dim lights big city

In Los Angeles, there are clubs you go to for music, and clubs you go for what I guess you’d call a certain kind of Scene, and The Scene — or at least This Scene — happens on weeknights. Because the cool kids don’t have regular 9-5 jobs. The cool kids don’t make such clearcut distinctions between work and play: work runs into play runs into work, until whether it’s a Monday night or a Saturday night turns meaningless. Except: Fridays and Saturdays are when the masses invade, and contaminate, the clublife — dressing up and renting limos for their big night out –so the cool kids take The Scene elsewhere, retreating, perhaps, to the high lush hills and the houses there.

But during the week, The Scene floats from club to club, depending on the night and whatever handful of clubs are hot at the moment. I hadn’t been to any in a long while: when I left them, the hardest club to get into was probably the Roosevelt — actually, it was a club called the Tropicana within the Roosevelt Hotel, but everyone called it the Roosevelt, since the ‘club’ was actually the hotel’s pool and patio, roped off at night, only the cool kids granted access, while the hotel’s own paying customers were refused, turned away, and they got pissed off and complained to the manager, as was their right, but of course nobody cared — and right now it’s probably…Well, damned if I know…Five minutes ago it was Hyde, a tiny nothing-looking building just off Sunset that houses a rectangle of a lounge done up in warm earthy tones with a retro feel, and now it’s something else, and five minutes from now it will be something else, perhaps the new club that Hyde will inevitably turn into once The Scene gets bored and moves on (an ‘it’ club has a lifespan of maybe six months).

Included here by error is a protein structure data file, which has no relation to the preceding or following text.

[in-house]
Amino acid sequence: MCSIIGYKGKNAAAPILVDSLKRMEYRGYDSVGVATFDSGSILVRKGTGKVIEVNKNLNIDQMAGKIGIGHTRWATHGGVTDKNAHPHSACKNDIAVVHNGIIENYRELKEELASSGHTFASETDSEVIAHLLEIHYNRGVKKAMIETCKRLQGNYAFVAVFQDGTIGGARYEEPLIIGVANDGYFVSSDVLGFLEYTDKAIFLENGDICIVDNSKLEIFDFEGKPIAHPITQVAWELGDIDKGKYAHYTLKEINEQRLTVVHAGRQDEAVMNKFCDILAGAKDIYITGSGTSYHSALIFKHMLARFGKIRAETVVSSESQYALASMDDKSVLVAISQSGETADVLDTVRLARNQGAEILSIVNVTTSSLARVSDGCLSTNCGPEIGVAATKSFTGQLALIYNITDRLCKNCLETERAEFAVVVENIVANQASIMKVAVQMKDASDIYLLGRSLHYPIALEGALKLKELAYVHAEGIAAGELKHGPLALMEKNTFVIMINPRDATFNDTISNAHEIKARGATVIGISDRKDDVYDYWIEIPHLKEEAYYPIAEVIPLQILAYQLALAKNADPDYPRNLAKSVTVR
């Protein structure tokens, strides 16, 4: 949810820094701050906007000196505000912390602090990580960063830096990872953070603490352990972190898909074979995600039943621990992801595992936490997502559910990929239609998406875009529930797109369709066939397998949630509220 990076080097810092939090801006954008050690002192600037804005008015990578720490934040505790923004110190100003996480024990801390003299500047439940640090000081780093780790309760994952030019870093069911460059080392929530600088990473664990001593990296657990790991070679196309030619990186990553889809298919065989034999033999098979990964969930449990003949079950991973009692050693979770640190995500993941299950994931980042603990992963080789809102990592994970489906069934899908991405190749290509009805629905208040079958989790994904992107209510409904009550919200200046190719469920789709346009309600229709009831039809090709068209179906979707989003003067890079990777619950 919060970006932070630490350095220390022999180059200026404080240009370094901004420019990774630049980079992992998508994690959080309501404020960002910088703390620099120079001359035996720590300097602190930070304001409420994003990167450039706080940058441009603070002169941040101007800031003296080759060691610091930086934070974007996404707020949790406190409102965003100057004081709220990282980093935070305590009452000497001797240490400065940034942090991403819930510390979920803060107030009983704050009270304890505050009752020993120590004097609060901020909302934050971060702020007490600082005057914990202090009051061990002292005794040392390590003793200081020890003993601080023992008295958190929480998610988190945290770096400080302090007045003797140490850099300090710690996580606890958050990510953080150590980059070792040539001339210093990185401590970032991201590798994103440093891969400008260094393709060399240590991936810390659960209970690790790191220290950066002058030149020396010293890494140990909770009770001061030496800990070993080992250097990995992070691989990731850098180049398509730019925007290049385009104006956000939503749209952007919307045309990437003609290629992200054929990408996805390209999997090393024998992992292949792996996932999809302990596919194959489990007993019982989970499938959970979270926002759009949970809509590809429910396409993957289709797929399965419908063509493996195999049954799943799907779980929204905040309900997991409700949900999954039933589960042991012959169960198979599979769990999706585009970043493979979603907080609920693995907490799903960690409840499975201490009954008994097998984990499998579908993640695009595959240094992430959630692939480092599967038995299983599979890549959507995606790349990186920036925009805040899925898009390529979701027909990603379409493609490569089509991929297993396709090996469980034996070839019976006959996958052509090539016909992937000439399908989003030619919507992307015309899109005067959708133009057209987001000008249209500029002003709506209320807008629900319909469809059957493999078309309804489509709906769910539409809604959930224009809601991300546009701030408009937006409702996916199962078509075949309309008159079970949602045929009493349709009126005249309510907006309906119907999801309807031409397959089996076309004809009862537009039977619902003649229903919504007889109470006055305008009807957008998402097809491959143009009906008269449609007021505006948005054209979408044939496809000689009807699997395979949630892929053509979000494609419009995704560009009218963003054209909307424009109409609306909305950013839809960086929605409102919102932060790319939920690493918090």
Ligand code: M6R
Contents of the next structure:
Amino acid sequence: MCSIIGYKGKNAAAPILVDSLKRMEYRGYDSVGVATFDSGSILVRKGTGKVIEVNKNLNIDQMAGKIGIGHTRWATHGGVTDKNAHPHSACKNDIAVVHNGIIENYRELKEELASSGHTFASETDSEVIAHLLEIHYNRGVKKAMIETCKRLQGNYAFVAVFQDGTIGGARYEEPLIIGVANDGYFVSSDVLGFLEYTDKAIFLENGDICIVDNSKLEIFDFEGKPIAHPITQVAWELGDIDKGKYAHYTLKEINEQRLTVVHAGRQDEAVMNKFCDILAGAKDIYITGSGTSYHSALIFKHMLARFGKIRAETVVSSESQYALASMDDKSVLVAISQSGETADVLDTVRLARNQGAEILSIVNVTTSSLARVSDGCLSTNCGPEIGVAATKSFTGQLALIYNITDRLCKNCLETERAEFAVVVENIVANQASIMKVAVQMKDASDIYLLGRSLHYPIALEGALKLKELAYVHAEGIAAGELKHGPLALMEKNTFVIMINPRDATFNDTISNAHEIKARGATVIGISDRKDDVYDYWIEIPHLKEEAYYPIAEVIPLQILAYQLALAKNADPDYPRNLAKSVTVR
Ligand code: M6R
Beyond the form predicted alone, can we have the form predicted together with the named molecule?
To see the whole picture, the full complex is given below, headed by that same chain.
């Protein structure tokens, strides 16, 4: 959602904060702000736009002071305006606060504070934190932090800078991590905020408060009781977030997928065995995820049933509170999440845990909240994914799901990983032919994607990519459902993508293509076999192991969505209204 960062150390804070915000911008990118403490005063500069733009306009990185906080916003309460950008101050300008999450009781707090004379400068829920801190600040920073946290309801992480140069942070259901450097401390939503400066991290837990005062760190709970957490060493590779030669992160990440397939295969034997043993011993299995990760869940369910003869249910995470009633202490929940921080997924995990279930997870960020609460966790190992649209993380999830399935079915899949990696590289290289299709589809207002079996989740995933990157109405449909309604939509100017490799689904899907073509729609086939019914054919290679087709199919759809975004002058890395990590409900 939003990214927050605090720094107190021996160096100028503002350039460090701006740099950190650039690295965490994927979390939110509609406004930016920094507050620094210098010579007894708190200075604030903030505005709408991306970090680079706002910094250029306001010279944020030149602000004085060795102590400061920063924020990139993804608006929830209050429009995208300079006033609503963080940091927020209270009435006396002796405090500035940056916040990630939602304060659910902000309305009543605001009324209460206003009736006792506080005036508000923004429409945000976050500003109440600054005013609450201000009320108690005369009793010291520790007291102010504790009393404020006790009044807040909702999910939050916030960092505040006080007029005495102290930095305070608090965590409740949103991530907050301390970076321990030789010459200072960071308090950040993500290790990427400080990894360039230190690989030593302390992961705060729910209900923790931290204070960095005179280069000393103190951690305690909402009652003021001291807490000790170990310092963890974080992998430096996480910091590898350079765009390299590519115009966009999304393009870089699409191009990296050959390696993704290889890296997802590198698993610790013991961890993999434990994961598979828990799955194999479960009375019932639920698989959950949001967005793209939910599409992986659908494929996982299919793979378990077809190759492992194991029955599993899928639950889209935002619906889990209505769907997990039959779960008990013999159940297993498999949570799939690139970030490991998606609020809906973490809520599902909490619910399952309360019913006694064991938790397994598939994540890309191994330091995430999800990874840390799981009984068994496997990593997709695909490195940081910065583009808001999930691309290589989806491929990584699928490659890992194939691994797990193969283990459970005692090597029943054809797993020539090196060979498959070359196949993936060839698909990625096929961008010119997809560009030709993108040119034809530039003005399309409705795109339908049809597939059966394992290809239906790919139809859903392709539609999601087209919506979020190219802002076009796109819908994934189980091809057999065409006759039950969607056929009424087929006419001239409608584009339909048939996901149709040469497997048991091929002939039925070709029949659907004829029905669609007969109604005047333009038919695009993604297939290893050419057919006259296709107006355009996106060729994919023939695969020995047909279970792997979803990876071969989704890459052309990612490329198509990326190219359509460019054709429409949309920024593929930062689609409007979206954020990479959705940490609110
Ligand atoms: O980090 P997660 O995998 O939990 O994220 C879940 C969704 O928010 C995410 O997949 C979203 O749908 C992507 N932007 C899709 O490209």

The music is the same. The crowd is mostly very pretty. The clubs get around the no-smoking law by staging an elaborate patio. The VIP tables that line the richly-hued rooms have a two-bottle minimum, and those bottles of gin and vodka and tequila and champagne are marked up to a point that would seem insane and obscene almost anywhere else: four hundred dollars for Belvedere, seven hundred fifty for Cristal. And people compete for those tables, because the only way to ensure getting past that velvet rope — unless you’re famous, or extremely hot, or On The List, or friends with the doorman — is to book a table. Plus it’s nice to have a place to sit down, especially if you’re a woman in three- or four-inch heels.

Friends of ours, who were supposed to get married somewhere exotic and tropical, broke off their engagement; she went to her mother’s place in Arizona to regroup and he went to Les Deux on Wednesday night and Hyde on Thursday. Some people joined him there, including my husband and me. The model/actress/waitresses now wear short shorts instead of miniskirts– shorts quite the fashion at the moment — and in addition to the usual forms of overpriced alcohol, Les Deux offers ‘a cupcake tower’: big cupcakes and little cupcakes arranged around a stack of trays, positioned on your table among the stacked glasses and pitchers of orange juice, tonic water, cranberry juice, and whatever bottles your party ordered to make (or exceed) the table’s minimum. I got a kick out of this. Cupcakes.

Dave Navarro was at a booth at the back, providing that night’s celebrity sighting. He was short, hot, surprisingly young-looking for his 37 hard-lived years — and flanked by young blondes who smiled and flirted and had their pictures taken with him.

The Scene, or whatever you want to call it, is hollow and superficial and seductive and fun. You’re glad to get back to it and relieved to get away from it. You learn to take it in moderation, like any potentially addictive and unhealthy substance. For those who are in the thick of it — and often in the tabloids — I suppose it becomes reassuring in a way, familiar, almost like your home away from home, one where your decor keeps changing and your guests refuse to leave. It becomes the place you go — not any club in particular, but The Scene in general — when you don’t have anything or anyone back at your apartment or your loft or your house or your beachhouse. And since the vast majority of us come to this city from other places, a certain kind of homelessness is what we have in common. You might even say it defines us.


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